We’ve all heard intriguing tales from the world of felines, and one of the most puzzling is cats seemingly ‘abducting’ the young ones of their kin.
But before you jump to any conclusions, it’s essential to dig deeper and understand the multifaceted nature of these captivating creatures.
Why Would a Cat Steal a Kitten From Another Cat?
Female cats with litters close together would look after each other’s kittens. I noticed identical behavior in my own and my friend’s cats. While one cat nursed someone else’s kittens, the other did something else.
Particularly during pregnancy, some cats show heightened maternal instincts that can make them protective, even towards kittens that aren’t their own.
Hormones can also be at work here, especially if both cats recently had kittens. When a pregnant cat starts stealing kittens, it’s a mix of protective maternal instincts and hormonal changes driving her actions. Remember to secure that the older kittens do not drive the younger ones away from their mother’s nipples.
It’s essential to understand each cat’s personality and history. A cat who has had frequent interactions with kittens in the past might show a different response compared to one encountering kittens for the first time.
Just make sure a male adult cat isn’t stealing the kittens. Male cats will sometimes take kittens and kill them to bring the mother cat into heat again. Therefore, keep males away from kittens. Male cats occasionally care for kittens, but it’s better to be safe than sorry.
Should You Separate Kittens From Other Cats?
Cats have unique personalities; while some may embrace a nurturing role, others may be standoffish or territorial, especially when kittens from another litter are introduced.
If the cats are all yours, it will depend on how they get along, how old they are, and whether they are male or adult female cats.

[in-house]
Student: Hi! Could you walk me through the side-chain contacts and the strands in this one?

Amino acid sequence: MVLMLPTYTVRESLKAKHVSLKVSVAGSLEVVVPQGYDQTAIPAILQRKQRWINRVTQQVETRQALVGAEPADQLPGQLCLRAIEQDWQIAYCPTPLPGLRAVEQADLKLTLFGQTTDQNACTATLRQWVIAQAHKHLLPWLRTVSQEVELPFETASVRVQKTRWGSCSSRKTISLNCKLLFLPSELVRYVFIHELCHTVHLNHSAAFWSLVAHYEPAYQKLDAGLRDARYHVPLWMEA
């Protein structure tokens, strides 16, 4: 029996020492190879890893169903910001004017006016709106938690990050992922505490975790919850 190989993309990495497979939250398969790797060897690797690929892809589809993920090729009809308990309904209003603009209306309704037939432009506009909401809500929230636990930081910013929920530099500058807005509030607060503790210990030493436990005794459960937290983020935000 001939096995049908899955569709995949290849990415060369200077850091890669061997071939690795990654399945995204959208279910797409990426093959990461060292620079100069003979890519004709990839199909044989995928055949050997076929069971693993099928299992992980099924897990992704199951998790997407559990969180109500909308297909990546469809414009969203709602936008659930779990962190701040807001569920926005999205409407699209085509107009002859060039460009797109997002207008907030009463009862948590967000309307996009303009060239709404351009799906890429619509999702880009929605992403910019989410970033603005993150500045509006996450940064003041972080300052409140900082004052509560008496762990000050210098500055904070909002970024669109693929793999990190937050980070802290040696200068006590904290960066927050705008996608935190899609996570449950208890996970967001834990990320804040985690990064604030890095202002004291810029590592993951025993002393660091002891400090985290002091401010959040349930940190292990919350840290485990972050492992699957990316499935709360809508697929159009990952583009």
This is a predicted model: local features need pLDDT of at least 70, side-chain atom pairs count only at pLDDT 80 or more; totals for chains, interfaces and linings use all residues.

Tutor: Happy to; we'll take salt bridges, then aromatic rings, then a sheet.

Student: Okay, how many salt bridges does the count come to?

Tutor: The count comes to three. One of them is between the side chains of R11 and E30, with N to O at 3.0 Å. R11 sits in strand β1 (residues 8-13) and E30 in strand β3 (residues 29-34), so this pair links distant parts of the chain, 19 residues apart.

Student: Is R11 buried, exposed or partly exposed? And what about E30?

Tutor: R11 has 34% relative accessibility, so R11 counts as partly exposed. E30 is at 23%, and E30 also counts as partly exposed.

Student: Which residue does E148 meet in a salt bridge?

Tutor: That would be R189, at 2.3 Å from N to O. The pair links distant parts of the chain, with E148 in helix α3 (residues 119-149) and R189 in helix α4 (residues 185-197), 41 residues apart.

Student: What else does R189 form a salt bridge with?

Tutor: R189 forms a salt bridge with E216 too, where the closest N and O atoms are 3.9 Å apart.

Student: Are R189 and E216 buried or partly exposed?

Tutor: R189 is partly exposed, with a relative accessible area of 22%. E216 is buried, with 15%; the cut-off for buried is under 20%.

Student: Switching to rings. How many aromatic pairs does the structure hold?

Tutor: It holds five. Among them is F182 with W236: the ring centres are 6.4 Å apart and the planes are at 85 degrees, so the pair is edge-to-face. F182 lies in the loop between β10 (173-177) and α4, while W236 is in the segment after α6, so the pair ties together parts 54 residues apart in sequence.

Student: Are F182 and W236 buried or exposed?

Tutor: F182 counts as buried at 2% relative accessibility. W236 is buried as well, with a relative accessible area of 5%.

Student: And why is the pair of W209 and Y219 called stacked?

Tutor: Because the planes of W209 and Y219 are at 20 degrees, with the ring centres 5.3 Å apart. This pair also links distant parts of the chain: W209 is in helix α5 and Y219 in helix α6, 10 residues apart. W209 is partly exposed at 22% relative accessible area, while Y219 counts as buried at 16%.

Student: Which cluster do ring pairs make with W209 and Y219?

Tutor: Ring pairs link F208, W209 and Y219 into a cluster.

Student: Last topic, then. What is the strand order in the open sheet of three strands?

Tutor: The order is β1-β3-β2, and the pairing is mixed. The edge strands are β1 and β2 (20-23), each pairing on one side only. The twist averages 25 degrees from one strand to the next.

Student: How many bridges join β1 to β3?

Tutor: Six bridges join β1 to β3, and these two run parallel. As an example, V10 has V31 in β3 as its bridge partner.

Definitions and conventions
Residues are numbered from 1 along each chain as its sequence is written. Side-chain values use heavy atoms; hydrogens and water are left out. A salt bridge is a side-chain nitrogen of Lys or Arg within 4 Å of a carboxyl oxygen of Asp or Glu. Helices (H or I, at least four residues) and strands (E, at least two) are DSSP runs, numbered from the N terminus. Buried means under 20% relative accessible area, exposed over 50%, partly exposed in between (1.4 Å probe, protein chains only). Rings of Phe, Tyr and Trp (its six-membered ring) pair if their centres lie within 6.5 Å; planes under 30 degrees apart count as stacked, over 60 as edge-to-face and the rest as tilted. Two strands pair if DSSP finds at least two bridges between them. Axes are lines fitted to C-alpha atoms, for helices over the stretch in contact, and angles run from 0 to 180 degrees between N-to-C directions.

If we’re talking about a male adult cat, then definitely separate the male cat. It’s an instinct in male cats to sometimes kill kittens, so make sure your kittens are separated from adult males.
If it’s another female cat, there may be no reason to separate them if the mother knows the other adult female cat and they are comfortable together, but it will depend on the situation. It’s best if the kittens and the mother have their own area to give the mother some space.
Place them in a quiet room for a few days, allowing the mother to roam freely if she so desires. You can’t predict how the other cats will respond or whether they’ll welcome the kittens without injuring them.
Any relationship between kittens and a non-mother cat should be closely monitored, especially if the mom starts behaving unusually. When one of my littermates produced kittens, her sister cat tried to approach them, and the mother cat became hostile. This was the first aggression I’d witnessed, but it can happen.
How Long Should You Keep Kittens Away From Other Cats?
I recommend that kittens be kept away from all other pets for at least two to three weeks. If you recently got a kitten from a shelter, you should keep them separate for their own protection. Because the kitten could be carrying an illness, this is a precaution.